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Withdrawn Technical Assistance: Title II Highlights (revised in 2008)

The Department of Justice has withdrawn and, where applicable, removed from ADA.gov, this technical assistance document. This document is outdated and does not fully reflect current law or has been replaced by a more up-to-date document. Withdrawal of a guidance document does not change covered entities' legal responsibilities, as reflected in the ADA, its implementing regulations, and other binding legal requirements and judicial precedent. The Department will continue to fully and fairly enforce all laws within its jurisdiction, including the ADA.

III. "Qualified Individuals with Disabilities"

Title II of the Americans with Disabilities Act provides comprehensive civil rights protections for "qualified individuals with disabilities."

An "individual with a disability" is a person who --

  • Has a physical or mental impairment that substantially limits a "major life activity", or

  • Has a record of such an impairment, or

  • Is regarded as having such an impairment.

Examples of physical or mental impairments include, but are not limited to, such contagious and noncontagious diseases and conditions as orthopedic, visual, speech, and hearing impairments; cerebral palsy, epilepsy, muscular dystrophy, multiple sclerosis, cancer, heart disease, diabetes, mental retardation, emotional illness, specific learning disabilities, HIV disease (whether symptomatic or asymptomatic), tuberculosis, drug addiction, and alcoholism. Homosexuality and bisexuality are not physical or mental impairments under the ADA.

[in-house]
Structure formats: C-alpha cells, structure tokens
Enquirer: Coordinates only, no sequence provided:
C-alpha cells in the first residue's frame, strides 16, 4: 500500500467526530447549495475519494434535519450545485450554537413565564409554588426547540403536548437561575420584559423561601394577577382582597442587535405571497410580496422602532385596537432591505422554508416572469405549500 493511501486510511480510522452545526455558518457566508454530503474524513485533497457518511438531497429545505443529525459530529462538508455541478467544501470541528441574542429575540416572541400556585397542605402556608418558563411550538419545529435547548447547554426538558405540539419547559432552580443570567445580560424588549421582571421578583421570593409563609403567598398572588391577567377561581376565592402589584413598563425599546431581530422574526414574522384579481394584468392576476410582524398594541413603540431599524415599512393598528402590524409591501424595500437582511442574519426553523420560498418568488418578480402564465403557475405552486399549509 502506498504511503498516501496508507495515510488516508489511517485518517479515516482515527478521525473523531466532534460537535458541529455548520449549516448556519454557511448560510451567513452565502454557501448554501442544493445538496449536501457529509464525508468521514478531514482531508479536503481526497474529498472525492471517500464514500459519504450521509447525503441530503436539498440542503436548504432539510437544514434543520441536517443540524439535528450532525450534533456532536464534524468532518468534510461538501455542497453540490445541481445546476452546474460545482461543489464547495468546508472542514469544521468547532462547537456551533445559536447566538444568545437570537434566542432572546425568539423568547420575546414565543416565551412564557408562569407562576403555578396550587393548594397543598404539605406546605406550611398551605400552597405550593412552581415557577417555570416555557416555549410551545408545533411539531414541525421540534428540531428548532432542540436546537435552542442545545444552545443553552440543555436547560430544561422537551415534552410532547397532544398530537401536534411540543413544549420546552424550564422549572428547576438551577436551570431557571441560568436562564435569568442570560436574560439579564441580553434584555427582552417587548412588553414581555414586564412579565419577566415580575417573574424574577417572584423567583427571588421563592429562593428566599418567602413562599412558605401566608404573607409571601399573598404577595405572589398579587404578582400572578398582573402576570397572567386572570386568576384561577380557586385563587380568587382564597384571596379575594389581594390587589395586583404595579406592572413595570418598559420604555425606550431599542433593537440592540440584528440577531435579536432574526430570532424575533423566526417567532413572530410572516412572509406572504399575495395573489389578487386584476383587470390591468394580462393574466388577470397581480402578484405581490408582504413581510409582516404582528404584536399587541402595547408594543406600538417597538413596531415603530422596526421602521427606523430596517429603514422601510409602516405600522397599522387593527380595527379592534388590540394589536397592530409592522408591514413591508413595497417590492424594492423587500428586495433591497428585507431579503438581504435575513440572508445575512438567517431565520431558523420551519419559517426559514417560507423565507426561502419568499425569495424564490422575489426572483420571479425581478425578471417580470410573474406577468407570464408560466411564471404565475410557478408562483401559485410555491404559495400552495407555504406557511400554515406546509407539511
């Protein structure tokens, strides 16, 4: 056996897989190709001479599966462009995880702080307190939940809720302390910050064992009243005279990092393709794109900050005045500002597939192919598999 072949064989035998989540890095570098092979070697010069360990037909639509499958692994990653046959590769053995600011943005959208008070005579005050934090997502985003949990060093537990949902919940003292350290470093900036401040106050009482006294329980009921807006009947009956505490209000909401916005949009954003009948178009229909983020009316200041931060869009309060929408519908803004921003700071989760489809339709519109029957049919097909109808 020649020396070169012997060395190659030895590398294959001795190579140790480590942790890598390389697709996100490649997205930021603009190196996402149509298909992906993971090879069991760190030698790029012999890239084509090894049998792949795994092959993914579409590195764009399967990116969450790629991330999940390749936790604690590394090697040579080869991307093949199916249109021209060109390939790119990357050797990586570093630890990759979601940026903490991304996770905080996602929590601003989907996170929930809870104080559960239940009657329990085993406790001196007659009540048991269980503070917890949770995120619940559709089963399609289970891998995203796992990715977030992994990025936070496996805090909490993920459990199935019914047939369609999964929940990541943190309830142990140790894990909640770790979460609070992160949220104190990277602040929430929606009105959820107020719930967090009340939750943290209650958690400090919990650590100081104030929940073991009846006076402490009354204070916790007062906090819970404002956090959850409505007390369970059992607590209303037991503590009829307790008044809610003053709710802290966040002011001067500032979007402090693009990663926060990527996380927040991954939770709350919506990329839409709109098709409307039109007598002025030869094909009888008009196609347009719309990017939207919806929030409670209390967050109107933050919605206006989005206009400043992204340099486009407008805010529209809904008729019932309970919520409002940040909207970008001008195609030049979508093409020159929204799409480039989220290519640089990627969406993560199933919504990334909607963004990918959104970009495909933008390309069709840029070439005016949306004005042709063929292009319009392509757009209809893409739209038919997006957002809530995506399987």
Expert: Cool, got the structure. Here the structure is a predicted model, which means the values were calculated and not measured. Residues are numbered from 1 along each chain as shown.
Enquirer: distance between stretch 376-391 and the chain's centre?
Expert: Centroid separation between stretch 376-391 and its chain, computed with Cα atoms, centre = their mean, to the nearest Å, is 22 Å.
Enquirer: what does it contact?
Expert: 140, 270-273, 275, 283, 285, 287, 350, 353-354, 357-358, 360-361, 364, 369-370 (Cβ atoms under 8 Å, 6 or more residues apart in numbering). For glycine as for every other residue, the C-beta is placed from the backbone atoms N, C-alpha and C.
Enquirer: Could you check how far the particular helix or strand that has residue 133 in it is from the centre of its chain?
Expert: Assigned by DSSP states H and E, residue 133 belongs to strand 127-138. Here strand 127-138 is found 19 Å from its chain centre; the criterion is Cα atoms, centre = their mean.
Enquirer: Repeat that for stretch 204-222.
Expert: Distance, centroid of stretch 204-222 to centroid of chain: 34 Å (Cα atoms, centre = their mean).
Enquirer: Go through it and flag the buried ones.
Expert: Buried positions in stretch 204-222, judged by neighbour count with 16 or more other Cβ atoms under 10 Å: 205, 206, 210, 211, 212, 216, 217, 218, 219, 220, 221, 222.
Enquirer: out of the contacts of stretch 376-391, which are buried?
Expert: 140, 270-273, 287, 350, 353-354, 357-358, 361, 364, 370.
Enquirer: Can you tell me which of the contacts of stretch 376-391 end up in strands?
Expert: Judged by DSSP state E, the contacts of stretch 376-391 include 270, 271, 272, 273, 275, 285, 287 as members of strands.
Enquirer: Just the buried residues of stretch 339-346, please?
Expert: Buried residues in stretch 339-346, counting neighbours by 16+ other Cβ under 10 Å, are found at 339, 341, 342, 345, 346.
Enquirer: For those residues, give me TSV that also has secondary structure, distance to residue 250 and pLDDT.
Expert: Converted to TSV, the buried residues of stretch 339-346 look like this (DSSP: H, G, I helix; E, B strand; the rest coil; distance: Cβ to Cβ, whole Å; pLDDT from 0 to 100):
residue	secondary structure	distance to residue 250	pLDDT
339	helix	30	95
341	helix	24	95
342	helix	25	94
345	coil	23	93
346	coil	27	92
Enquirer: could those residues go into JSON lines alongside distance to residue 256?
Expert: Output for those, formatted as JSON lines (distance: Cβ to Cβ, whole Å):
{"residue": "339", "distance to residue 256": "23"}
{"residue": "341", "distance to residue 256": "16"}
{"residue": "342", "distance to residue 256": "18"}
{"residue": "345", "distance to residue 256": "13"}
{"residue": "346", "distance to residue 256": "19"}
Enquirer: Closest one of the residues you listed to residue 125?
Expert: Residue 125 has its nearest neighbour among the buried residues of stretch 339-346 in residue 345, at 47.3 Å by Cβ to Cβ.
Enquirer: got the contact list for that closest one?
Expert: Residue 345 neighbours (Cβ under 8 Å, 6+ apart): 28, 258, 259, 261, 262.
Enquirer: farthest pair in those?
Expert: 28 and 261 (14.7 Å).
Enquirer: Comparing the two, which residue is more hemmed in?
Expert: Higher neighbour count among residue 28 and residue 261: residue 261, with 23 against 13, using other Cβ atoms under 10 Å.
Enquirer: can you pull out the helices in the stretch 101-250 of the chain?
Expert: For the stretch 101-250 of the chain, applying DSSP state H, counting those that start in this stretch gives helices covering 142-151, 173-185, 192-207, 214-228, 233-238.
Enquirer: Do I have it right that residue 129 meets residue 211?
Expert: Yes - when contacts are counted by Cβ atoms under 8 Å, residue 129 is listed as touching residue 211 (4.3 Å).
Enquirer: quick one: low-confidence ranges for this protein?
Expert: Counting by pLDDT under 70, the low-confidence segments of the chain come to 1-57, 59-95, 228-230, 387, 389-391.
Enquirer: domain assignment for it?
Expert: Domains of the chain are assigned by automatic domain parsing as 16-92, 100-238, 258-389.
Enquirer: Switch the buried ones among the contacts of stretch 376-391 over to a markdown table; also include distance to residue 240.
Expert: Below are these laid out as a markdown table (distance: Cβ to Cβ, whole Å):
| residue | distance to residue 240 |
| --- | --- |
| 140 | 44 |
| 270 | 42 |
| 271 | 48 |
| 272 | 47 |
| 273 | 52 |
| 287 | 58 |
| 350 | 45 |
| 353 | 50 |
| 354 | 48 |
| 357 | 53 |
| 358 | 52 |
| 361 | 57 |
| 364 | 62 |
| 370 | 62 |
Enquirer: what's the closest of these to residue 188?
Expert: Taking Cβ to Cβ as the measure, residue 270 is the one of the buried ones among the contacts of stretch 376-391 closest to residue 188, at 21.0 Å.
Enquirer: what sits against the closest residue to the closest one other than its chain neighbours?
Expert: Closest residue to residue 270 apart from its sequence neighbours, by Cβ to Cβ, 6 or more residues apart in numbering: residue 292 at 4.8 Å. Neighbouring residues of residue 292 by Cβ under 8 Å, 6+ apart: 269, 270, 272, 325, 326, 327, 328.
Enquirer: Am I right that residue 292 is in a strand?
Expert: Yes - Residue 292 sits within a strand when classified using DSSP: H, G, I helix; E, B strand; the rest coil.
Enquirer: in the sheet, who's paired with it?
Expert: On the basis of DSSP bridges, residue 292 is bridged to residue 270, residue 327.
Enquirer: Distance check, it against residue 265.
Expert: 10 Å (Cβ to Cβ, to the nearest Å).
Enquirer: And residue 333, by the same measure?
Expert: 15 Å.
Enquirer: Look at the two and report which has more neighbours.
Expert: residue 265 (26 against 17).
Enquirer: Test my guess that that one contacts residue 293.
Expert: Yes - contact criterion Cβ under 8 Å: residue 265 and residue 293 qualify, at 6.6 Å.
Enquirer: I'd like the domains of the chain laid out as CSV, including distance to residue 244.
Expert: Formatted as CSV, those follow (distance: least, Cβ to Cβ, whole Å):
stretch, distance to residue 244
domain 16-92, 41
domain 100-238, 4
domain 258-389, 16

"Major life activities" include functions such as caring for oneself, performing manual tasks, walking, seeing, hearing, speaking, breathing, learning, and working.

Individuals who currently engage in the illegal use of drugs are not protected by the ADA when an action is taken on the basis of their current illegal use of drugs.

"Qualified" individuals.

  • A "qualified" individual with a disability is one who meets the essential eligibility reqirements [sic] for the program or activity offered by a public entity.

    ​The "essential eligibility requirements" will depend on the type of service or activity involved.

    • For some activities, such as State licensing programs, the ability to meet specific skill and performance requirements may be "essential."

    • For other activities, such as where the public entity provides information to anyone who requests it, the "essential eligibility requirements" would be minimal.


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